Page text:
He’d gone along with it after that, but she knew he did so grudgingly. He hated the idea and he hated the process, and she knew, and appreciated, that he submitted only because he understood how important it was to her. But when that method also repeatedly failed, he was more than ready to give up. She’d begged him to talk to her doctor about another possibility and so, reluctantly, he went with her to discuss the next step with her gynecologist.

The doctor had suggested in-vitro fertilization: Marcia’s egg would be harvested in a minor surgical procedure and then fertilized by Jeff’s sperm outside her body. It would then be inserted into her uterus. The doctor explained that to increase the odds of success she would insert several fertilized eggs at the same time. The process, she said, would cost about $15,000.

They were shocked. Insurance wouldn’t pay any of it and although they could afford it—Jeff had a good job in a law firm and Marcia was a senior editor at a publishing house—this was not a price they could shrug off. Besides, they realized that it might not take the first time around. Each cycle would multiply the cost by the same amount. How far were they ready to go?

“What if more than one egg takes?” Jeff had asked one night as they were lying in bed talking about it.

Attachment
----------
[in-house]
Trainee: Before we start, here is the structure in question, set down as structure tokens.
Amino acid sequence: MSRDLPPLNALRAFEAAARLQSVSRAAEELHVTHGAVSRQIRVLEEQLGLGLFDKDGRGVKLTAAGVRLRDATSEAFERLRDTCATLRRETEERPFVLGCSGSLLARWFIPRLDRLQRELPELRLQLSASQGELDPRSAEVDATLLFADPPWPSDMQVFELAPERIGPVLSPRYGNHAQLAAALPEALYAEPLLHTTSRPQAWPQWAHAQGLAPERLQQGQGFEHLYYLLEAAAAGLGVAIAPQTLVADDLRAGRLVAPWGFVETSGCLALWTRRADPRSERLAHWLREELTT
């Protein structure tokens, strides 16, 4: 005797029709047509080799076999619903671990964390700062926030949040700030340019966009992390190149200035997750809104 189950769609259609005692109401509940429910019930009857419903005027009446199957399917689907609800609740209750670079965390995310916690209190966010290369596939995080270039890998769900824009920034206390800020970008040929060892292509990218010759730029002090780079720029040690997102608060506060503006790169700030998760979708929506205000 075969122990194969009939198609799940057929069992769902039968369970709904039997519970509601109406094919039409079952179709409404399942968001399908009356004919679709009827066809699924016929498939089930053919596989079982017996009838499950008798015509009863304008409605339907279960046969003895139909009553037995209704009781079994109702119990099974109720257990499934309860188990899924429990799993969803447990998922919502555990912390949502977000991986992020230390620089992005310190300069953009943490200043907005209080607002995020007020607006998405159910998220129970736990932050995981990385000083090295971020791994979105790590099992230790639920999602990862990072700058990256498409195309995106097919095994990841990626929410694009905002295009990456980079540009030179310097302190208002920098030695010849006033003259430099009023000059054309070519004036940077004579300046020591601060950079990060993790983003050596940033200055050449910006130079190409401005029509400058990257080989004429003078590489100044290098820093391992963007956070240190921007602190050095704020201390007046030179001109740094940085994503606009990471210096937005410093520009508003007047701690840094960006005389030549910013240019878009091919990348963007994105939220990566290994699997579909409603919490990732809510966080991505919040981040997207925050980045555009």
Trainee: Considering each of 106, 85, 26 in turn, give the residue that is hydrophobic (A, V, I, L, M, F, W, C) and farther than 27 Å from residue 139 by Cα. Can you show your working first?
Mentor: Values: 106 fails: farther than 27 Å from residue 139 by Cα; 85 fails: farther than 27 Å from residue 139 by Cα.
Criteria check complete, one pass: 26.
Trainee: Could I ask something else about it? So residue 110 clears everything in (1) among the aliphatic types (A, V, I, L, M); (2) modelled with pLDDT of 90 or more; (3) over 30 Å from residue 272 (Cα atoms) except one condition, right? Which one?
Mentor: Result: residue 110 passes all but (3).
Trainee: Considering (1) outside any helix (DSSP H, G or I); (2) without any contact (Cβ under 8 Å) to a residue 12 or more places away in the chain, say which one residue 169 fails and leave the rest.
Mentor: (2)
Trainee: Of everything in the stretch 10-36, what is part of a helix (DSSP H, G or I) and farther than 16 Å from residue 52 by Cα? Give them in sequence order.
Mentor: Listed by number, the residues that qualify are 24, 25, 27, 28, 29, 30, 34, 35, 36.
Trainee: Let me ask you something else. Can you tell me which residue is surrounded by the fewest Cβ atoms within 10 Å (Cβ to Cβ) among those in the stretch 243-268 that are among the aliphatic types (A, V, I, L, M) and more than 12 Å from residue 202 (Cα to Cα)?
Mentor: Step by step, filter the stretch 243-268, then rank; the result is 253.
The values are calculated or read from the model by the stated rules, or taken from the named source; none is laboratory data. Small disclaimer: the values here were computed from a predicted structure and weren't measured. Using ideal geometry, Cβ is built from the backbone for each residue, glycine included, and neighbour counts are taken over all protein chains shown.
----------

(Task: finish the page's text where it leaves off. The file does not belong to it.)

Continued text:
“That’s very rare,” Marcia answered.

“Not so rare. I can just imagine it. The Naiman Quintuplets,” he said. He pretended to roll up his sleeves like a circus barker. “Come and see them. A modern miracle.”

Marcia laughed. “Well, we’d be sure to get lots of presents. And five of each. Can’t you just see them lined up in their cribs, all of them with your chin dimple?”

“It’s not funny, Marcia. What if we did have twins? That’s not rare at all in this procedure.”

“We’d be done, then,” she whispered. “There’d be a few tough years, but we wouldn’t have to do this part ever again.”

They had gone through with it. There had been no way to turn back—Marcia wanted a baby too much. She’d have tried anything, paid anything, borrowed if she had to. And Jeff had gotten into the spirit of it. It had become a challenge, a kind of high-stakes game and, as usual, he simply didn’t want to lose. He seemed equally devastated when it didn’t work, Marcia thought. But when she insisted they try it again, he balked. And when she’d convinced him, promising this would be the last time, and once again failed to conceive, he refused to try a third time. The subject had been dropped. They stopped taking her temperature and consciously trying to conceive. But Marcia never really let it go. She was painfully aware that her thirty-ninth birthday was approaching and that soon she might lose her chance completely. She’d taken her temperature without telling him and made sure they made love when she thought she was ovulating. Still, nothing had happened and she felt bereft every month when she got her period. Continually disappointed, her usual optimism failed her and she fell into a depression from which she couldn’t seem to emerge.

Now hope slowly stirred again, like a cat stretching after a long sleep. She felt a renewed sense of possibility and purpose, and resolved to research the subject thoroughly starting tomorrow. She knew Jeff would be against it—they had discussed surrogacy early on and both had rejected the idea—but that was before it was clear it was their only chance. She’d taken it up with her doctor today, and she believed that she had finally hit upon the right solution and that nothing now could stand in her way. Nothing, that is, except Jeff.